Wednesday, October 3, 2018


If you want to see some humdinger performances on or off Broadway these days, better turn to the women.  Here are three you won't want to miss:

First up:  Janet McTeer in Theresa Rebeck's Bernhardt/Hamlet at the American Airlines Theatre, one of the Roundabout Theatre Company's Broadway houses. This one is smack dab in the heart of things, on 42nd Street between 7th and 8th Avenues. 

Ms. McTeer is mesmerizing as the great 19th French actress Sarah Bernhardt, who is preparing to perform the title role in Hamlet. Of course, she is surrounded by idiotic naysaying men who want to "protect" her from what they assume will be a public humiliation and the ruination of her career. Not hard to guess where this will go.

Anyone looking for a straightforward and historically accurate portrait of the actual Bernhardt had best visit the library. But this isn't a biography, it's a play. And a damned good one at that. 

No bones about it. Janet McTeer is ideally cast and gives a
performance that -- although it is ridiculous for me to make this prediction so early in the season -- will surely bring her a Tony nomination. Ironically, her stiffest competition might be last year's winner, Glenda Jackson, who is returning in the title role of yet another Shakespeare tragedy, King Lear.  

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Let us move Off-Broadway next, with the fabulous Edie Falco starring in Sharr White's heated political drama The True, a production of The New Group at the Pershing Square Signature Center, further west on 42nd Street close to 10th Avenue. 

In The True, Ms. Falco plays the real-life Polly Noonan, the long-time adviser and close personal friend to the mayor of Albany, New York. The play takes place in 1977, when, after more than three decades in office, the mayor and the woman behind the throne are heading into a primary election battle that promises to be a fight to the death.

Ms. Falco is giving a truly powerhouse performance as Polly Noonan, who, as it happens, was the grandmother of U. S. Senator Kirsten Gillibrand. They way she charges forth like a fire-breathing dragon,  the guys who try to get in her way don't stand a chance in the world.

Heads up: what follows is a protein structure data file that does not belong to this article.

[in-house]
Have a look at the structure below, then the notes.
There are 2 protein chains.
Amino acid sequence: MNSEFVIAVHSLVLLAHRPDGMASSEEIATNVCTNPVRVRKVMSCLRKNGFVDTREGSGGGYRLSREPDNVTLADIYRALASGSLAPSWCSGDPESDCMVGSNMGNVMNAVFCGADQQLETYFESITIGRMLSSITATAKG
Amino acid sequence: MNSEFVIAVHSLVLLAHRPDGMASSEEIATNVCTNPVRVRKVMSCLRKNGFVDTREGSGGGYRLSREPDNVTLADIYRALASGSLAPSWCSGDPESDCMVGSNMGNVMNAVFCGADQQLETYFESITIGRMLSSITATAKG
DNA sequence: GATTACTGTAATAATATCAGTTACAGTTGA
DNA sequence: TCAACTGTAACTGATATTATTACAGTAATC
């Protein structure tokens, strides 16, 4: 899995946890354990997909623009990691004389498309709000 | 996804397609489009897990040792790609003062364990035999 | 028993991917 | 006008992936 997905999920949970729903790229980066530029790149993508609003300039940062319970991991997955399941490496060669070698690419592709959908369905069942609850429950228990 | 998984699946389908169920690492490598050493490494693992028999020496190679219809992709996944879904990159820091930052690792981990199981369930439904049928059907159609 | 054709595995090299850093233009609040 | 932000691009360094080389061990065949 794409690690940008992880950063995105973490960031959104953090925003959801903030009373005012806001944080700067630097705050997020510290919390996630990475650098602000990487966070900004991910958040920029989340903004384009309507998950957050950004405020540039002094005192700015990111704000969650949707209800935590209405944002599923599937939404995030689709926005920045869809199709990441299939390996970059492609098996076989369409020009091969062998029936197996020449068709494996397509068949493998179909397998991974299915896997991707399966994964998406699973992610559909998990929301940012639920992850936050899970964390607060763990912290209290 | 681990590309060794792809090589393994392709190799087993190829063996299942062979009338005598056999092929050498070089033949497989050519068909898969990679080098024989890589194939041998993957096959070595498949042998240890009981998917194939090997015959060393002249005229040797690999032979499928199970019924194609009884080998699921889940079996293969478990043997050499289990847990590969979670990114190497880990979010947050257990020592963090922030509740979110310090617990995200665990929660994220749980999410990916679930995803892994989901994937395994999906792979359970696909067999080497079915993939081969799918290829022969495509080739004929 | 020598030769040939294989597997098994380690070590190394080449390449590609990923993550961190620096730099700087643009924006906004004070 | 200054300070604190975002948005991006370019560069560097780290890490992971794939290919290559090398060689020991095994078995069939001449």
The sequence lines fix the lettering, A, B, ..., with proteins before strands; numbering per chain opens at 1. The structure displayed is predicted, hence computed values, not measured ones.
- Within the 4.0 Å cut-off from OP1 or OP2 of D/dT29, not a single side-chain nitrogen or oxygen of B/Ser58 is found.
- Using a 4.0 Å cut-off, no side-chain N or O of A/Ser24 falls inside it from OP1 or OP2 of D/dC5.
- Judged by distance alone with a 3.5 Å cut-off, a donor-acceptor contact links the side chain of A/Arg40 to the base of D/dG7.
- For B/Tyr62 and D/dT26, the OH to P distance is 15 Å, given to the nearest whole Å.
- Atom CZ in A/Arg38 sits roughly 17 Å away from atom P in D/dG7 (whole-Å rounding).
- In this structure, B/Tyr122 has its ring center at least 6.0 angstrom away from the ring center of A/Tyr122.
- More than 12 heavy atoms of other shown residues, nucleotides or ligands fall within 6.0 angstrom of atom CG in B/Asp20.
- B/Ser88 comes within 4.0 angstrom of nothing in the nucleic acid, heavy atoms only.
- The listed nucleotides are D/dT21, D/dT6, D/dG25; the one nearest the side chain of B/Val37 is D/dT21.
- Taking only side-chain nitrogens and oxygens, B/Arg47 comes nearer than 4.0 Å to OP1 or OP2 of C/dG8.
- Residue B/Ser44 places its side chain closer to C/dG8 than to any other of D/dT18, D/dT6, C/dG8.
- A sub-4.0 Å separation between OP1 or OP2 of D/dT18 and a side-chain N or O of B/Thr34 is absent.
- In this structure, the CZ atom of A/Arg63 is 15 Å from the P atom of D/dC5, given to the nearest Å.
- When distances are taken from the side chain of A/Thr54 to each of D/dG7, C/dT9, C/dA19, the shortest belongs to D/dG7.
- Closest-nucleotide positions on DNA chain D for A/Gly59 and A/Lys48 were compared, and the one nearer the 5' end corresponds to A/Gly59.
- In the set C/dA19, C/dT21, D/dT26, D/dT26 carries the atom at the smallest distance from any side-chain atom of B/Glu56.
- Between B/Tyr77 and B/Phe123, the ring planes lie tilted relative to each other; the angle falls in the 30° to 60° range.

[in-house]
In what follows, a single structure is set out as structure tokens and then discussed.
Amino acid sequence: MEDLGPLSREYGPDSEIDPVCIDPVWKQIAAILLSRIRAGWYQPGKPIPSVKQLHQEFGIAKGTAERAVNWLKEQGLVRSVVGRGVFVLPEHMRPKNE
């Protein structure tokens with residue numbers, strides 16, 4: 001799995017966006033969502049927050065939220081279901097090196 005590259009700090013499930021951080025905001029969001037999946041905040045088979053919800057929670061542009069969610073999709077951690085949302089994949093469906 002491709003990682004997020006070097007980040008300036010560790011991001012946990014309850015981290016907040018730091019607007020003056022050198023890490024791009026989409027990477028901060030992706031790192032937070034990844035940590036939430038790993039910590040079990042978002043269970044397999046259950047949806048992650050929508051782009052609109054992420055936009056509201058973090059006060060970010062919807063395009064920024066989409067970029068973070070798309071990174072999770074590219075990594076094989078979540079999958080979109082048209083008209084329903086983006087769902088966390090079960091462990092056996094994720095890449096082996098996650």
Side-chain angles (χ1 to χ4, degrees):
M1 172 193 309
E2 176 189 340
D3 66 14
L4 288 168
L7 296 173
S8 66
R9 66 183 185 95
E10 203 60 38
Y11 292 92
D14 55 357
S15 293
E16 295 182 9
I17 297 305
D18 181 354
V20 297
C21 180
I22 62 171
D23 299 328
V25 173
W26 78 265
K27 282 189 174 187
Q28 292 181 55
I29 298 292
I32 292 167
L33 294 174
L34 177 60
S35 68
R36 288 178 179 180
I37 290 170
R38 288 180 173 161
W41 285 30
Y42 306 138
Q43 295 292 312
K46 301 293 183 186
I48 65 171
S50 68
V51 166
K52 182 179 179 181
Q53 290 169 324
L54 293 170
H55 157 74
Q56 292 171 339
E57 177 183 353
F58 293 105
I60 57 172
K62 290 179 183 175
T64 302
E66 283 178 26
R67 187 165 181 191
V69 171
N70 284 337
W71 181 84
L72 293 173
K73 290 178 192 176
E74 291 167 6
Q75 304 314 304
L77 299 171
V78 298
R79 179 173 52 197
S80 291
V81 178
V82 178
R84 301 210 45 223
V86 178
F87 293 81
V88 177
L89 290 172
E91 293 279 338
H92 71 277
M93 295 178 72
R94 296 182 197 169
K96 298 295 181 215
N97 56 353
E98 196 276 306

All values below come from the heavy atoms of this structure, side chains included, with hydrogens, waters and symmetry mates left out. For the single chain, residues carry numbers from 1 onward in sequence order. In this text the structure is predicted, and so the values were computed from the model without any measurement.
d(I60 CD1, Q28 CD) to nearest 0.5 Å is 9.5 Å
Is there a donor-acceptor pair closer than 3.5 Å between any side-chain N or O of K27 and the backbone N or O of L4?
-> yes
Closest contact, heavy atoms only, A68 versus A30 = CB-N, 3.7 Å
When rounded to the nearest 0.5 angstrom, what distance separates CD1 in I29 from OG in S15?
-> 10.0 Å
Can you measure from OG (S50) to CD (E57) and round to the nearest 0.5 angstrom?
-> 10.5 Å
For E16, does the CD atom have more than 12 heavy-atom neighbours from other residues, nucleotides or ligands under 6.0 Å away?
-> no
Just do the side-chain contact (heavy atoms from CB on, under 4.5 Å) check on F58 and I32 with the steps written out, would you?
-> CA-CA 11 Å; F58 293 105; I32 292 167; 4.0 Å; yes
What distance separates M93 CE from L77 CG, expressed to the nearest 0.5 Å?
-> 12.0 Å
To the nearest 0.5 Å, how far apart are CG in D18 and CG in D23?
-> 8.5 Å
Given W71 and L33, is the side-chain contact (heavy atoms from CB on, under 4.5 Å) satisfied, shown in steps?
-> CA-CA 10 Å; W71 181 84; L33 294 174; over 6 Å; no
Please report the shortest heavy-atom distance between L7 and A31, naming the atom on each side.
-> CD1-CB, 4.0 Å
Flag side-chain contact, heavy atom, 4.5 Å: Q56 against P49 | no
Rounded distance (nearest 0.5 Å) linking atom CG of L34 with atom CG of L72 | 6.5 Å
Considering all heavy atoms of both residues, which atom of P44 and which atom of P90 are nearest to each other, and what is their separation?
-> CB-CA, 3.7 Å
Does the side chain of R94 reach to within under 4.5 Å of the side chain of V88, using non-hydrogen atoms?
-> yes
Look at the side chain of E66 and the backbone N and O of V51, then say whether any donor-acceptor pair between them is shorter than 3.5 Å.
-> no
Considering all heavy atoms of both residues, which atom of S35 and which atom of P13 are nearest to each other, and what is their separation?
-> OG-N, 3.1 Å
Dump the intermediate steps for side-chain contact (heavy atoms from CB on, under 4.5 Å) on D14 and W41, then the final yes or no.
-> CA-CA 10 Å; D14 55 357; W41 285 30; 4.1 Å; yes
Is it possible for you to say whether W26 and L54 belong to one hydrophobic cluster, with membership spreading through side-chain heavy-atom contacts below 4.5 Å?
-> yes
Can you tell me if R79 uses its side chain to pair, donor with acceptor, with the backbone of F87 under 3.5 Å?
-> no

A word of caution:  Polly Noonan's was known for lacing her conversations with profanity, and Ms. Falco drops F-bombs like they were breadcrumbs being fed to the pigeons. But, wow, what a performance!  They don't give Tonys for Off-Broadway productions, but they do give Obie and Outer Critics Circle and Drama Desk Awards. Expect to hear the name of Edie Falco come nomination time. 

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Last, but by no means least, is the equally wonderful Mare Winningham, who is giving a knock-out performance as  one of the lost and broken victims of the Great Depression, in the Conor McPherson/Bob Dylan collaboration Girl from the North Country. This one is downtown at the Public Theater, but it really is easy to get to by public transportation. Or you could take the risk based on whispers that the show may move uptown to a Broadway house. But if you miss it, it's on you! (Remember, a little thing called Hamilton started out at the Public.)

Girl from the North Country is an ensemble piece, and it boasts an altogether excellent cast and musicians who perform songs from Bob Dylan's vast trove. But rising above the rest is Ms. Winningham. 

Her character, Elizabeth, is said to be suffering from dementia. My take is, that's just a two-bit diagnosis that allows her husband to self-justify an affair he is carrying on right under her nose. I actually found her to be as sharp as a tack and hope you will as well. 

I have seen Ms. Winningham in many plays before, but this is the first time I've heard her sing. So let me end by saying that when she performs Dylan's "Like A Rolling Stone" at the end of Act I, and "Forever Young" at the end of the evening, you might want to have some tissues ready; you or the person sitting next to you may very well need them. 


Feel free to share this blog with your friends, and to offer up your own theater stories by posting a comment. I also invite you to check out the website Show-Score.Com, where you will find capsule reviews of current plays from Yours Truly and many other New York critics.

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